Compliance Congress for Specialty Products 2023 Takeaways
Choate recently sponsored the Compliance Congress for Specialty Products in Boston where attendees heard from industry experts on the latest compliance trends in the pharmaceutical industry.
Emily Hodge, partner in Choate’s Government Enforcement and Compliance Group, moderated the panel, “Prosecutor Perspectives: Focal Points, Top Enforcement Trends and Priorities for Specialty Pharma and Biotech Companies in 2023,” while Sara Frank moderated the fireside chat, “The Rise of Cell and Gene Therapy and How to Remain Compliant Amid Industry Shifts.” Below are key takeaways from both panels.
Prosecutor Perspectives: Focal Points, Top Enforcement Trends and Priorities for Specialty Pharma and Biotech Companies in 2023 – Key Takeaways
- The government continues to focus on fraud and abuse issues in healthcare, including issues arising from speaker programs, clinical trial fraud, third-party relationships, FDA inspections, and lab activities.
- DOJ’s recent policy updates on self-disclosure and compliance programs (among others) are important for companies to be aware of and consider.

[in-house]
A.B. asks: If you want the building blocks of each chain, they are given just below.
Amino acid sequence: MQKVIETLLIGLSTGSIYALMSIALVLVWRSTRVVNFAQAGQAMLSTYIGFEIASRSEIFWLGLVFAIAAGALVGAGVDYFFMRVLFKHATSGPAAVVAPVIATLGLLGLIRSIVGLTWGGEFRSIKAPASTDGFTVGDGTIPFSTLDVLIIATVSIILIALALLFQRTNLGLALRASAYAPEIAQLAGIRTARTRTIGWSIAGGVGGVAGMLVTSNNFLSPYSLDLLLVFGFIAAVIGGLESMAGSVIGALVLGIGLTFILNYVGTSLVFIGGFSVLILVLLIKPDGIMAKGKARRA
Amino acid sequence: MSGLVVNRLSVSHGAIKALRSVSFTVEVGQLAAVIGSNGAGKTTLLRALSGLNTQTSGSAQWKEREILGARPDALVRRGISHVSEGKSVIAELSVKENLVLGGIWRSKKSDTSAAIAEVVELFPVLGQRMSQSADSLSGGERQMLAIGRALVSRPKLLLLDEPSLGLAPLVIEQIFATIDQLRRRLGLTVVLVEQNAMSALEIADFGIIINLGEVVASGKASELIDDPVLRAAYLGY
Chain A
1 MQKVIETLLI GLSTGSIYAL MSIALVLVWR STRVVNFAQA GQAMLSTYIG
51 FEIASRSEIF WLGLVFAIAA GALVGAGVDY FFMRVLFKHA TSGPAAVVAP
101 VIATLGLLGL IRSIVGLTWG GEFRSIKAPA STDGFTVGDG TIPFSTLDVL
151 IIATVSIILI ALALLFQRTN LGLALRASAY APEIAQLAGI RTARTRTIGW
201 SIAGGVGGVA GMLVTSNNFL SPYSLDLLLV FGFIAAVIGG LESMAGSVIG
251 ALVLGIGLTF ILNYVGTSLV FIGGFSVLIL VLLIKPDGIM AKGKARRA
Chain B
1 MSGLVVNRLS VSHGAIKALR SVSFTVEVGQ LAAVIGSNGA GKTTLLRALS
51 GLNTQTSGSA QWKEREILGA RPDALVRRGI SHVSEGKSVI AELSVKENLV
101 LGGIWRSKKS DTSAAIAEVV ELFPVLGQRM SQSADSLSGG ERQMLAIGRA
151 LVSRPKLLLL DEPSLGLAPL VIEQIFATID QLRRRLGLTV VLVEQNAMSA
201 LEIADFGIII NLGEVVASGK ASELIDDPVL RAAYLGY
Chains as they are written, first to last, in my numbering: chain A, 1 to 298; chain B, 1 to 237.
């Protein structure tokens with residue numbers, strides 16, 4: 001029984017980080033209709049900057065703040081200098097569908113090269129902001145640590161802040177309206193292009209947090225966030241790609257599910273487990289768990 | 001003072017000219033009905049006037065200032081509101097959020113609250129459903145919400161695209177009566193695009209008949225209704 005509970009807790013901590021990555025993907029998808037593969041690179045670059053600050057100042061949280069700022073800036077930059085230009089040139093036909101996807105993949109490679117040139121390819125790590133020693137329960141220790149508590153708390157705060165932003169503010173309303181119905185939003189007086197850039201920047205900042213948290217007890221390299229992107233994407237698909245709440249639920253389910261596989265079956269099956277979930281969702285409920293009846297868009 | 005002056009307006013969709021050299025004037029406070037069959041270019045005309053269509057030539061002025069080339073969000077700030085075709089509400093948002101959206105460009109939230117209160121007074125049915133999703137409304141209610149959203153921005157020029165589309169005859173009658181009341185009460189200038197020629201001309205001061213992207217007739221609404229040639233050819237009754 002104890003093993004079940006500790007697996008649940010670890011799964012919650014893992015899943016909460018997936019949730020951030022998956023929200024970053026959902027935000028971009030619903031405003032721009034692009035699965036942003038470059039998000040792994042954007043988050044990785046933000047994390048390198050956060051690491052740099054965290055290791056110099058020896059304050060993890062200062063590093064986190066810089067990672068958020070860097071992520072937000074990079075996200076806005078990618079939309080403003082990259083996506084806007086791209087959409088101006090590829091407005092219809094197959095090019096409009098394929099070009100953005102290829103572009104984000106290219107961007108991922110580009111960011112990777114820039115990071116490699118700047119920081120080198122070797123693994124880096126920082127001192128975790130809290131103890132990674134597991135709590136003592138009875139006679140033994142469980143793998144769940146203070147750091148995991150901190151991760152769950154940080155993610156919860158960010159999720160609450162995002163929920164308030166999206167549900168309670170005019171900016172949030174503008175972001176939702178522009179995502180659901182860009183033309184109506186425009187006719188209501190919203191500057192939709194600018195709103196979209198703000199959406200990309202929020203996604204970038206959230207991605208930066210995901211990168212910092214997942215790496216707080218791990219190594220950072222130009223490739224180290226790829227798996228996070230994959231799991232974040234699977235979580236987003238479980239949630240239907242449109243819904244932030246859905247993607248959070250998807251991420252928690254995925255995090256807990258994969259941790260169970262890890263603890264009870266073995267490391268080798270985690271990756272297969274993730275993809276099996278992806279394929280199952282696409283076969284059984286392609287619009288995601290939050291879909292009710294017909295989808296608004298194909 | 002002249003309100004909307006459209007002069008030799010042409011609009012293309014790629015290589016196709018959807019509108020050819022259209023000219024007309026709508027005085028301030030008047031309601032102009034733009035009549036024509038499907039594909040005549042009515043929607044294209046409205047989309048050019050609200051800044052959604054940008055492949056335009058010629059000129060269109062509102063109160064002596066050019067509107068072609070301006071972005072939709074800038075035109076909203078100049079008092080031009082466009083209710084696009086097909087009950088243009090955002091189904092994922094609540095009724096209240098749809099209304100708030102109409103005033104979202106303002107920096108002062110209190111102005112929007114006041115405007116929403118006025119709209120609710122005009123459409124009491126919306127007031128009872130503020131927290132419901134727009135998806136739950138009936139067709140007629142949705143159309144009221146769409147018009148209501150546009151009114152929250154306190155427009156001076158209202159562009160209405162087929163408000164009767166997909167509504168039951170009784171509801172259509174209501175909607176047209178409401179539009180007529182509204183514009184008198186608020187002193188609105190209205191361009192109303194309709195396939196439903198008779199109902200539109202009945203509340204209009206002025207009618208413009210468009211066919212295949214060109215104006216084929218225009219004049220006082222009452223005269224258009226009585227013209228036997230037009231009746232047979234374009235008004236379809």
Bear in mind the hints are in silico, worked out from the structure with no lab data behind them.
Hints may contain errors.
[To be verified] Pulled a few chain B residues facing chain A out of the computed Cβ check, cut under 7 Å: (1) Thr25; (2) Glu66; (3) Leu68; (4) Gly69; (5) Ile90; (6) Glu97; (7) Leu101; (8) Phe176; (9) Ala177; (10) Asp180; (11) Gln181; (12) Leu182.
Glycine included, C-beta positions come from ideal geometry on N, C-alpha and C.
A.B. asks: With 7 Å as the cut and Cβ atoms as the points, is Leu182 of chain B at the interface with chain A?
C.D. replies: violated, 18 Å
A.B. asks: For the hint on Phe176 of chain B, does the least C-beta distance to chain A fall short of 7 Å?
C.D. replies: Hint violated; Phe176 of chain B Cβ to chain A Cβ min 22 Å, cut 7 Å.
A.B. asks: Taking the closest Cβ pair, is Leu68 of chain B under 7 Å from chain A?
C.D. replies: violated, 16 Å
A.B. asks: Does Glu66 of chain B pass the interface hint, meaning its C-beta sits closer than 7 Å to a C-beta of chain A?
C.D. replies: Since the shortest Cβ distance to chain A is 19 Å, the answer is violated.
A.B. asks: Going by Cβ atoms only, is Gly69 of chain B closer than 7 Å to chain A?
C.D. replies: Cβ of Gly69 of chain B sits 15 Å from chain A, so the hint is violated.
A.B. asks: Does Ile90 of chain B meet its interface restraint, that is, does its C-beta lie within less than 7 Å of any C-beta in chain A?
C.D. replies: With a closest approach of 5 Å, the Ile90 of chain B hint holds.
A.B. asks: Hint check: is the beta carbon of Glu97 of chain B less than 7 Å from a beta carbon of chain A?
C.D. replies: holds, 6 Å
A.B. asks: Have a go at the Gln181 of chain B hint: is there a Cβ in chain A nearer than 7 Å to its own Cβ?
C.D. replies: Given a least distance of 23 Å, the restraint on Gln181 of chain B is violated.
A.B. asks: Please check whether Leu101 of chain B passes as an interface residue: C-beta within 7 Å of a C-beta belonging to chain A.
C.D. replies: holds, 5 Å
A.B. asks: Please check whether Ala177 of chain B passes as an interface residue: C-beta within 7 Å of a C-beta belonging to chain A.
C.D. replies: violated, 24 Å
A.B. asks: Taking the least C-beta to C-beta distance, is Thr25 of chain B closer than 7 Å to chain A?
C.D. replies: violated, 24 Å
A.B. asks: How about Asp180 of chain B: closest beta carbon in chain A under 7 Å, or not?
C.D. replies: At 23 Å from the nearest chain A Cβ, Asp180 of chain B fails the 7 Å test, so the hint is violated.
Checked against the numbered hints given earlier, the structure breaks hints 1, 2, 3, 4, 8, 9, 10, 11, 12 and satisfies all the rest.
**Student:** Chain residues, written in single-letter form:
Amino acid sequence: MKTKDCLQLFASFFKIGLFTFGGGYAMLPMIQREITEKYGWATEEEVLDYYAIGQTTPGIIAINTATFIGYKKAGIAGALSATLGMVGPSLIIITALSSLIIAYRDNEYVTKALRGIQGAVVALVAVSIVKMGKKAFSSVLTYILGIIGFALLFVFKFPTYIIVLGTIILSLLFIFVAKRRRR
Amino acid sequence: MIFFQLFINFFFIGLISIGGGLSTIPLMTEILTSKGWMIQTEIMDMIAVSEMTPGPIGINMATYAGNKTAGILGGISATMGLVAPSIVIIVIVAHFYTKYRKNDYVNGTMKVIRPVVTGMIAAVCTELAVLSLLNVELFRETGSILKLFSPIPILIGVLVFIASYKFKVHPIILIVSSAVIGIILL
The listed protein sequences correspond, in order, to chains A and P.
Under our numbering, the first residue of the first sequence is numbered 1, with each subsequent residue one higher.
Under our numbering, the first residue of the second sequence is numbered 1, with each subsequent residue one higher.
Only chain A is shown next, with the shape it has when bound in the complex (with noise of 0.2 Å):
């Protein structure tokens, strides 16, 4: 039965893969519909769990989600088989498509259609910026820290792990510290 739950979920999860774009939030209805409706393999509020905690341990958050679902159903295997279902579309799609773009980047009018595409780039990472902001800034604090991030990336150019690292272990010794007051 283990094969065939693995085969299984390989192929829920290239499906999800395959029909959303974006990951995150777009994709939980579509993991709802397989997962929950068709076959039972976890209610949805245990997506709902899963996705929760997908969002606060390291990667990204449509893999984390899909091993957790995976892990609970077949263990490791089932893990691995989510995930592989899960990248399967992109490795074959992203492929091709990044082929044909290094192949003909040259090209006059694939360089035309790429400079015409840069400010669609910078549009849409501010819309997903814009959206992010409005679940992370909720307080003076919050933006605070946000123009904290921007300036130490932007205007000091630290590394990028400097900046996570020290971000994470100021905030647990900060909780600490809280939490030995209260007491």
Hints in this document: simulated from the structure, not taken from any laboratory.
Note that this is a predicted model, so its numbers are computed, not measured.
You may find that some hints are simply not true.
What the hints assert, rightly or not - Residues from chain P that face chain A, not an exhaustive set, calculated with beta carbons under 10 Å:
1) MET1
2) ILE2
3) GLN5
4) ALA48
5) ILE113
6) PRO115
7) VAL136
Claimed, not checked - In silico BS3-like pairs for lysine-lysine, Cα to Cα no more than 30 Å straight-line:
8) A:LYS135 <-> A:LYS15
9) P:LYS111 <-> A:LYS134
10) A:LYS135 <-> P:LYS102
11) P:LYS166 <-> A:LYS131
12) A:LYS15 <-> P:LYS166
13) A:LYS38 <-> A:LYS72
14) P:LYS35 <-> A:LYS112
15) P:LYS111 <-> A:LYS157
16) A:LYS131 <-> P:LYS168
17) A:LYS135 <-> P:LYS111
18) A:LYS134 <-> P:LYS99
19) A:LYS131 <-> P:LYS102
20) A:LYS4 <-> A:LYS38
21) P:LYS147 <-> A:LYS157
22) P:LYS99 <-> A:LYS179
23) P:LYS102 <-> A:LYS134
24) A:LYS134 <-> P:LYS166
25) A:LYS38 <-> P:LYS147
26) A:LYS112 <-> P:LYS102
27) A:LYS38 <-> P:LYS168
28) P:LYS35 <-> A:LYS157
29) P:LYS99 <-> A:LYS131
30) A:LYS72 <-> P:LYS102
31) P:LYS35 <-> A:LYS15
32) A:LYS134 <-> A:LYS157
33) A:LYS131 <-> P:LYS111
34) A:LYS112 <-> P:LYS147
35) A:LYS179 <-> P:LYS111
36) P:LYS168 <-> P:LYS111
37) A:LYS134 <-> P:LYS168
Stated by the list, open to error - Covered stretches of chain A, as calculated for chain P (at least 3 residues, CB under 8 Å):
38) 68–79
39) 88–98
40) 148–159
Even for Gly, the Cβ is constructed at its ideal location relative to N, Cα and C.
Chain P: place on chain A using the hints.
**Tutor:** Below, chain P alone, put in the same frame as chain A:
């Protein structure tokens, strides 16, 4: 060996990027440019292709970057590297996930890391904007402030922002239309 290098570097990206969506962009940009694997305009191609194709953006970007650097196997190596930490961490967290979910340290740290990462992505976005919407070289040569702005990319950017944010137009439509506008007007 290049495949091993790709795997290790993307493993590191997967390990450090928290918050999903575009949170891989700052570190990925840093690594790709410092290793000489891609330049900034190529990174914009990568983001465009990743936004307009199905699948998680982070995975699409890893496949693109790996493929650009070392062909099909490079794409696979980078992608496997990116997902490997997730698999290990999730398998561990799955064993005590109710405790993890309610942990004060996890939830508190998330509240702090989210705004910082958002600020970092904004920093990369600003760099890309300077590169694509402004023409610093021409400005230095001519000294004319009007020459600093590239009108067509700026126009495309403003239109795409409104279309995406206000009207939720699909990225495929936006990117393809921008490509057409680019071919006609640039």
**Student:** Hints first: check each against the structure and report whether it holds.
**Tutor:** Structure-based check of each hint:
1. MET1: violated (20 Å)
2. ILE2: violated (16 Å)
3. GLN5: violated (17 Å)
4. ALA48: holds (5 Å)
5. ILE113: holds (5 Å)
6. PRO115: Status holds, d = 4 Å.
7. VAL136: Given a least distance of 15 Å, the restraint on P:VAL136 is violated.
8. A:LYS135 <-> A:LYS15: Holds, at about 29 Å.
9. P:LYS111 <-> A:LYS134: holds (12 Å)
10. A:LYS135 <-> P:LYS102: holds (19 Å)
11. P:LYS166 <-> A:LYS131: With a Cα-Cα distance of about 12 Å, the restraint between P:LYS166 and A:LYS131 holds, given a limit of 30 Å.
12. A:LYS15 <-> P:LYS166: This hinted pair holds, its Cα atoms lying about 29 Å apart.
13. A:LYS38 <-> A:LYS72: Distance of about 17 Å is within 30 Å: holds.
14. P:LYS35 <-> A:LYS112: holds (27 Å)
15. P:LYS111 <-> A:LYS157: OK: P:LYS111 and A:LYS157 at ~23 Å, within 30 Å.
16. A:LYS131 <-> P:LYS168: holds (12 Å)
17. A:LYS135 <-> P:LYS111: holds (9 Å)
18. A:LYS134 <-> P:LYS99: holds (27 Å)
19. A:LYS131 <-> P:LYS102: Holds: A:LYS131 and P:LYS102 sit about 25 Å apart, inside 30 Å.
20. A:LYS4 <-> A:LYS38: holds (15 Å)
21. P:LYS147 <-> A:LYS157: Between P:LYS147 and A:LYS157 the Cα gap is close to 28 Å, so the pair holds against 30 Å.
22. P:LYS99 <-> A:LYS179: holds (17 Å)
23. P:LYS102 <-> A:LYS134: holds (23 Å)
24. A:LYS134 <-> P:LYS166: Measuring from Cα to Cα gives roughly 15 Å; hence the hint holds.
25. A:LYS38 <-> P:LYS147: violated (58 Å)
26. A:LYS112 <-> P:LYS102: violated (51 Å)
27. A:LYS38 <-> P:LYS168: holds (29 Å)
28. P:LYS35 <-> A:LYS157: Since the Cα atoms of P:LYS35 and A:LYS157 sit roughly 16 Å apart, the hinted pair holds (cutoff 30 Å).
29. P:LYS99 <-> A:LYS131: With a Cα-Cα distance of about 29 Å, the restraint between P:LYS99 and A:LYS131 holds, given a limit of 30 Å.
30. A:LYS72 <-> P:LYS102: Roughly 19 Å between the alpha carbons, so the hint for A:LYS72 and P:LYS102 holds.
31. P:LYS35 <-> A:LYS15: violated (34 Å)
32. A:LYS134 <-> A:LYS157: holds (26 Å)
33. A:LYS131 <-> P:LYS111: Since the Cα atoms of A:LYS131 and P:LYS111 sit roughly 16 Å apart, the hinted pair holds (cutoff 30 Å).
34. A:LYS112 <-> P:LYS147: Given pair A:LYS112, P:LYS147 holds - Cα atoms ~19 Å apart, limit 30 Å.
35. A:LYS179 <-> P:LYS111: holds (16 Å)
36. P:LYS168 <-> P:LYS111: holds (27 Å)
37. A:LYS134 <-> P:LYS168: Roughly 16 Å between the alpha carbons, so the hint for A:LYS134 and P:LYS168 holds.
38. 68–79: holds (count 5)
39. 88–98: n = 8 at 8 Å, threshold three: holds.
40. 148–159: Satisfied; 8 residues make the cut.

- Companies can benefit from voluntary self-disclosure in some cases. The prosecutors explained that early disclosure by the company, even if fact-gathering is ongoing, is preferred – the government understands that the facts may evolve from there.
- When companies present their compliance programs to the government:
- The government wants to hear all the relevant facts and companies should not minimize or overstate the role that the compliance program plays at the company.
- It can be helpful for the government to hear directly from the compliance personnel themselves. The prosecutors recalled instances where compliance personnel were asking the right questions, but perhaps could have probed underlying documents more to uncover alleged misconduct.
- Companies should ensure that they have policies to address the use of ephemeral messaging and are considering the risks associated with it.
“The Rise of Cell and Gene Therapy and How to Remain Compliant Amid Industry Shifts” – Key Takeaways
- Although gene therapy manufacturers share the general risks and requirements of a compliance program that other manufacturers face, they also have additional nuances to consider.
- Gene therapies are treatments that modify a person’s genes to treat or cure disease – they are the ultimate personalized medicine.
- Gene therapies are customized to a particular patient, which presents some unique potential risks that manufacturers of traditional pharmaceutical products may not face, including:Relationships with qualified treatment centers – e.g., information sharing, interactions among various functions, onboarding process and timing for a qualified treatment center.
- Enhanced need to ensure privacy and patient consent.
- Unique aspects of patient services programs – recent favorable OIG advisory opinions rely on some of the particular facts and circumstances of treatment with a gene therapy.